Feds tell private student lenders to work with distressed borrowers

Current regulations allow for lenders to modify, delay or defer loans, especially if the borrower has fallen on hard times.

That flexibility should be considered especially for students who might have had a difficult time finding a well-paying job right after school and need some relief from their bills.

“As with other consumer lending activities, the agencies encourage financial institutions to consider prudent workout arrangements that increase the potential for financially stressed borrowers to repay private student loans whenever workout arrangements are economically feasible and appropriate,” the regulators said.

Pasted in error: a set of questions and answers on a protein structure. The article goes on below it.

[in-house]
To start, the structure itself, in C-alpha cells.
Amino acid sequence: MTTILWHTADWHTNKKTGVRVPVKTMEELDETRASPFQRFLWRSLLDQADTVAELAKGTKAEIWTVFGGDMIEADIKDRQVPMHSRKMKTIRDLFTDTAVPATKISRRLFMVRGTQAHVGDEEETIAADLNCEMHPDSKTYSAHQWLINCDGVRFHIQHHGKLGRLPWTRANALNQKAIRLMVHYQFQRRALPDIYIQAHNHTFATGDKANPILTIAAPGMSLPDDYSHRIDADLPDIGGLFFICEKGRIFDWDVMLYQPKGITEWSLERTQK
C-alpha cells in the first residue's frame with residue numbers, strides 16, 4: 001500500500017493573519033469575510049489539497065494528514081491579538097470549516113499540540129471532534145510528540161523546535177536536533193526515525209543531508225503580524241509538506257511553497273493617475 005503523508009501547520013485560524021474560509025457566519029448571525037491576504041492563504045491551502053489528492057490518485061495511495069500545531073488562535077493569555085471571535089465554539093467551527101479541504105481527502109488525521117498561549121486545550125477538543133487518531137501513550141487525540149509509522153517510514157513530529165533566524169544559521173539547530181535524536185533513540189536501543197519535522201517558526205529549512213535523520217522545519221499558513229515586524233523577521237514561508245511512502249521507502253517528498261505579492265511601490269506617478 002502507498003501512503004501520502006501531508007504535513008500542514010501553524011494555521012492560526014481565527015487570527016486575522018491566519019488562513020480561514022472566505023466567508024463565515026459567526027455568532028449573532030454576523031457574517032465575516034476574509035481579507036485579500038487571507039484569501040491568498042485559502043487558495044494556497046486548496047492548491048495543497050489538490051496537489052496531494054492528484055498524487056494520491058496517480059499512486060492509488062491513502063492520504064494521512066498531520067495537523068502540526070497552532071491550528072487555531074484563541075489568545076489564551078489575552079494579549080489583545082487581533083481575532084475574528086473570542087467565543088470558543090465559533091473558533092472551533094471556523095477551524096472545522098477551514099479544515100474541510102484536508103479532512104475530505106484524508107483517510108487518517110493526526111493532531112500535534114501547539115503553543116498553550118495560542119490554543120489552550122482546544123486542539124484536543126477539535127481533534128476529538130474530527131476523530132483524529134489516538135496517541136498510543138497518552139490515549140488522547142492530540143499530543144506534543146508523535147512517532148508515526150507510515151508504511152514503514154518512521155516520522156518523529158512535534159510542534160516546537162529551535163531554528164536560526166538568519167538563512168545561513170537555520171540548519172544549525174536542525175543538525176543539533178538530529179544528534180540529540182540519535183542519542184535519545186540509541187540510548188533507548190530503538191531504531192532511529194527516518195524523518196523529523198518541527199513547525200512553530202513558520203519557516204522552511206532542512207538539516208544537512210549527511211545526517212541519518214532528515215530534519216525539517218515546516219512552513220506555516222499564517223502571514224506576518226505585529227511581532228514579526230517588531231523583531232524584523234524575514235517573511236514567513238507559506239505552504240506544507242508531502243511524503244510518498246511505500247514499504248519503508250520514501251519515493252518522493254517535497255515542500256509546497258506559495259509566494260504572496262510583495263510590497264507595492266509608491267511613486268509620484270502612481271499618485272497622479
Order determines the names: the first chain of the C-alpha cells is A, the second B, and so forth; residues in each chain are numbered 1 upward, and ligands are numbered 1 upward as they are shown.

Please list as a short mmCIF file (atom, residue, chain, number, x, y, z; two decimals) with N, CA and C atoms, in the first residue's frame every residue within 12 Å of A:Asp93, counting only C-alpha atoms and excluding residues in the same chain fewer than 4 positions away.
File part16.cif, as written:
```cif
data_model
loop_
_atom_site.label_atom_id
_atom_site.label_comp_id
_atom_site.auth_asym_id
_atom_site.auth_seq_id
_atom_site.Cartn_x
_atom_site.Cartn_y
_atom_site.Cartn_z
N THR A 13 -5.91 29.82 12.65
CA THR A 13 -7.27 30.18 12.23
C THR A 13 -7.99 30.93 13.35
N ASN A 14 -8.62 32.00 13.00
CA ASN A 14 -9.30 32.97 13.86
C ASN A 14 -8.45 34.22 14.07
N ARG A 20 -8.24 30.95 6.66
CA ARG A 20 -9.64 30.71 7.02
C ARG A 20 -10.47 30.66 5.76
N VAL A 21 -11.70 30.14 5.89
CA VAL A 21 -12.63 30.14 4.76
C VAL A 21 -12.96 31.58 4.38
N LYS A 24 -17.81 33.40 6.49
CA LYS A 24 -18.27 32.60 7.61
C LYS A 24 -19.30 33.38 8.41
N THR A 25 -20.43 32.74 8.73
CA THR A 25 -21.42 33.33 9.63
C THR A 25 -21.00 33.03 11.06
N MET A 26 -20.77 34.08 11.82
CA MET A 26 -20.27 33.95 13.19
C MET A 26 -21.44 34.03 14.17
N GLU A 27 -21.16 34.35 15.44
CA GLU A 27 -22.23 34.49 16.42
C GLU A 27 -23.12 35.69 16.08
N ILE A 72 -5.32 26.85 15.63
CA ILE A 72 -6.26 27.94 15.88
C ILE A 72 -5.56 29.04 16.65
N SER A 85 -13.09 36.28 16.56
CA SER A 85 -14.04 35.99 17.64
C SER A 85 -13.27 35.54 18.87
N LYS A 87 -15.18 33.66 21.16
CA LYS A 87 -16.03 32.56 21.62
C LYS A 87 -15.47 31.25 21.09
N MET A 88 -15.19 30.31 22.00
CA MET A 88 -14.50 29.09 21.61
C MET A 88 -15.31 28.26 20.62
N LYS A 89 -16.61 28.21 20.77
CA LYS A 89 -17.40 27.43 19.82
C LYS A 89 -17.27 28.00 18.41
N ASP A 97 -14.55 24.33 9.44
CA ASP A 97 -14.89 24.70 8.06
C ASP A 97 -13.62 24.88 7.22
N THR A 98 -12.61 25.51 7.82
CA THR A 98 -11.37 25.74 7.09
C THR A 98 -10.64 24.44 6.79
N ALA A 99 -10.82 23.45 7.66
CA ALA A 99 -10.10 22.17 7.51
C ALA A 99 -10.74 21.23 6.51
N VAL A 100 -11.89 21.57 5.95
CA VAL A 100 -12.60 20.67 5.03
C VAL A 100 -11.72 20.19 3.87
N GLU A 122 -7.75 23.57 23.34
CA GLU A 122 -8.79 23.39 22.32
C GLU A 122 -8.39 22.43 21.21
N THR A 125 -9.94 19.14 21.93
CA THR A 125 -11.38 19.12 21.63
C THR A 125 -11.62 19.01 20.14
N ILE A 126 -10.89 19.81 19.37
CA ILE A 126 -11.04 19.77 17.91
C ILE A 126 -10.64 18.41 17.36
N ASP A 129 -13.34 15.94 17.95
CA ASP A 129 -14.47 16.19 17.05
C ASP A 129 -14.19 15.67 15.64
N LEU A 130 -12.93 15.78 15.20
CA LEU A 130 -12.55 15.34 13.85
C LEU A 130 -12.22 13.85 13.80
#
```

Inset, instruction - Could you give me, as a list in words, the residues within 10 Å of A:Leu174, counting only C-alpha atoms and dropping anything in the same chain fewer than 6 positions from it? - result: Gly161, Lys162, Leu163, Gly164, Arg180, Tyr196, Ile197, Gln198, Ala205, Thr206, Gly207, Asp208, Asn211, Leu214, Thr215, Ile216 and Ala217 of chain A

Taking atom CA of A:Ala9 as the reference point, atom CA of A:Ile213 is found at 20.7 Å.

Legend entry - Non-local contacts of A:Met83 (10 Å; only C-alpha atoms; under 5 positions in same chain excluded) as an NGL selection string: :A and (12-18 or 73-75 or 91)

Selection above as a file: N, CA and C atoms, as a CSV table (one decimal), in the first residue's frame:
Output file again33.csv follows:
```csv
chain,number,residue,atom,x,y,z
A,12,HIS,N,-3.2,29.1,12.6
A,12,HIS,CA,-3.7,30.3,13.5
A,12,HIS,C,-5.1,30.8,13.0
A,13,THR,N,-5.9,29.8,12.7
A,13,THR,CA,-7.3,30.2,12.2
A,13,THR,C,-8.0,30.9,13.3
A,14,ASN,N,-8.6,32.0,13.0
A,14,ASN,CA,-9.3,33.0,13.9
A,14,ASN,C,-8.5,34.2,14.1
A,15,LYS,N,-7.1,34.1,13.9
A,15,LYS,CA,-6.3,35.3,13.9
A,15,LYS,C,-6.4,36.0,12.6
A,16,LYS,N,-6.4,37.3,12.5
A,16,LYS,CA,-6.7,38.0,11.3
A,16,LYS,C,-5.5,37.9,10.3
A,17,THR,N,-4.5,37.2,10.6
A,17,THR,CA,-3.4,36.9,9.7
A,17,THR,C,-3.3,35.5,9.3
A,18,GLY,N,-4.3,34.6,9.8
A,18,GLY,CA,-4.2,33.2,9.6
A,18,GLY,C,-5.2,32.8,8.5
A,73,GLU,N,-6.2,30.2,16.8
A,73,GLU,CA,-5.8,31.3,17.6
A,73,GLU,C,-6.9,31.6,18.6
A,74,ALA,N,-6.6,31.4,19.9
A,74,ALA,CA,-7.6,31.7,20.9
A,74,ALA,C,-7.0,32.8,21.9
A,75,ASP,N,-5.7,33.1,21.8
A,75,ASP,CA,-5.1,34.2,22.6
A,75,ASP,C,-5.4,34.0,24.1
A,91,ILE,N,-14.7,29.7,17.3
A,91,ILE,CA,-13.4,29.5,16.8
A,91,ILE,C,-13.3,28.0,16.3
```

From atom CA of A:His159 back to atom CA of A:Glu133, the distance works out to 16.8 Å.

The agencies added that they “will not criticize” banks that work with borrowers, even if the end result leads to an otherwise troubling credit status.

The institutions should also make sure that borrowers understand their options, the agencies said, and the ways for them to try and modify the terms of their loan.

Lawmakers and advocacy groups have urged the Obama administration to keep a watchful eye on private student lenders.

Private student loans make up just about 15 percent of the market, but they can be less flexible than federal loan programs and may charge higher interest rates and come with fewer protections.